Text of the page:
Along with the impressive demonstrations and sounds of alarm that have come with the dawn of generative-text chatbots, we’re also now seeing some of the more questionable and perhaps less desirable outcomes starting to materialize.
Authors and several news outlets have recently reported a significant uptick in AI-generated books showing up in multiple best-seller lists, many seemingly sounding like nonsense.
Self-publishing, such as via Amazon’s Kindle Direct Program, has become a way for many genuine authors to bring their work to the public and build a following without the help of a large publisher. Because these self-publishing capabilities are purposely easy to sign up for, it seems anyone can generate endless AI-written books and upload them to be sold on Amazon’s eBook store and make them available for reading via Kindle Unlimited.
Recently, an indie author, Caitlyn Lynch, tweeted about noticing that only 19 of the best sellers in the Teen & Young Adult Contemporary Romance eBooks top 100 chart on Amazon were real, legit books. The rest were nonsensical and incoherent, and seemingly AI-generated.
The AI bots have broken Amazon.Take a look at the Best Sellers in Teen & Young Adult Contemporary Romance eBooks top 100 chart.I can see 19 actual legit books.https://t.co/fy9rtV6Ck6The rest are AI nonsense clearly there to click farm.@AmazonKDP what are you doing about it? pic.twitter.com/cziuKcQrq3June 26, 2023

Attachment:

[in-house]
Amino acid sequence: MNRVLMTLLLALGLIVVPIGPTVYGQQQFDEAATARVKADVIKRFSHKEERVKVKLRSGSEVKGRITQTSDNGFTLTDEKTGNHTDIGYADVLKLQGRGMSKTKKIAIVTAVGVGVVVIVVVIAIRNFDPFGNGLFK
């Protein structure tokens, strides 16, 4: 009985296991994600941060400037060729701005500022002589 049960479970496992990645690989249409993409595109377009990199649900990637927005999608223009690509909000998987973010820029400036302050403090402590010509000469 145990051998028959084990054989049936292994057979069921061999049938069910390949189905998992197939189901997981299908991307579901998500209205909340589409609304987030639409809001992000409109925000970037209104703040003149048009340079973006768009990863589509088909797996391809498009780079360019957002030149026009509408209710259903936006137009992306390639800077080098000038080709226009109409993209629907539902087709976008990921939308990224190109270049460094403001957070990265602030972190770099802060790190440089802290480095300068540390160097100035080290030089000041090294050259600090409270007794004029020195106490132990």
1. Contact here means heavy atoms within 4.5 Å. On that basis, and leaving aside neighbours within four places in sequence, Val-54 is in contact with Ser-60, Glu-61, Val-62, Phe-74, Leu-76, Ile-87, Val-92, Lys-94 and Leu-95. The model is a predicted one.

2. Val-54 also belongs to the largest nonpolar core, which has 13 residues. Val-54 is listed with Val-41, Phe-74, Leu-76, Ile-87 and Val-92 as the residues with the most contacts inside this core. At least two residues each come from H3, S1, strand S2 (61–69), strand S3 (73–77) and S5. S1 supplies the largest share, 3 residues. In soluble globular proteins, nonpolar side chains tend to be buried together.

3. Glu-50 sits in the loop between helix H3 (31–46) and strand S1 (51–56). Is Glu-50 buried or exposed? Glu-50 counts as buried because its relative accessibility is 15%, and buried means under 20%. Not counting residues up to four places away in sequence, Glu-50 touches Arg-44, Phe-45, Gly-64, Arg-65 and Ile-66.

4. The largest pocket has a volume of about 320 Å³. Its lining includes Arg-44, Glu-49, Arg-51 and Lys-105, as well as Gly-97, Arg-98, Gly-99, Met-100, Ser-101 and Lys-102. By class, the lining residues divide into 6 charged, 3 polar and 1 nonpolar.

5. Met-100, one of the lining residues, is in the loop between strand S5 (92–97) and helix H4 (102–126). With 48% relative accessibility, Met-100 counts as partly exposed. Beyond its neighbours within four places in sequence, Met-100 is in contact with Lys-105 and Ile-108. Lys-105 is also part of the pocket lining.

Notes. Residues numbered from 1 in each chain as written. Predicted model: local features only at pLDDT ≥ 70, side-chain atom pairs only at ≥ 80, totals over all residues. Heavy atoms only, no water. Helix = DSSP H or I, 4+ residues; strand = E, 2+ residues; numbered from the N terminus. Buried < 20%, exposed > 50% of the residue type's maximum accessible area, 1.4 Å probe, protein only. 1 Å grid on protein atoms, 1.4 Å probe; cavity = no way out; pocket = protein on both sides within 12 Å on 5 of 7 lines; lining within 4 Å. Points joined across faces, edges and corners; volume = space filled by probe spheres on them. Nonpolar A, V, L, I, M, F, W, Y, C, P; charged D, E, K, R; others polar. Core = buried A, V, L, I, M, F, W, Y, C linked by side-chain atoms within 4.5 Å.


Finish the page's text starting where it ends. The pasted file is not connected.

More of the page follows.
The Motherload website later looked into dozens of books on the platform and saw that a few days after Lynch’s tweets, the AI books had vanished from the best-seller lists, probably removed by Amazon.
They were, however, still available for purchase, and had enjoyed a significant amount of visibility before vanishing. Also, as Lynch very understandably speculates, the mass uploading of AI-generated books could be used to facilitate click-farming, where 'bots' click through a book automatically, generating royalties from Amazon Kindle Unlimited, which pays authors by the amount of pages that are read in an ebook. So, it doesn’t matter that these books disappear. The people running such a scheme could just upload as many as they like to replace the removed ones.
A major concern quickly emerges both for authors and readers - most of us readers are seeking out books that, at least for now, are written by human authors, and this makes it harder to find those kinds of books. Lynch, elaborating on her views in a Twitter thread, emphasized that this “will … be the death knell for Kindle Unlimited” if Amazon cannot contain this.
What is Amazon doing about it?
Motherboard reached out to Amazon and received a reply that stated that it had “clear guidelines” for which books can be listed for sale and would investigate when concerns are raised in order to protect both readers and authors. It didn’t explicitly state that it was making an effort specifically to address the apparent spam-like persistent uploading of nonsensical and incoherent AI-generated books.
It’s worth Amazon taking an active approach to rectify this issue in order to reassure readers that it’s worth continuing to support authors via ebook sales and page views (which result in royalties for authors on Kindle Unlimited), and reassure authors that it’s worth putting their work on sale on Amazon.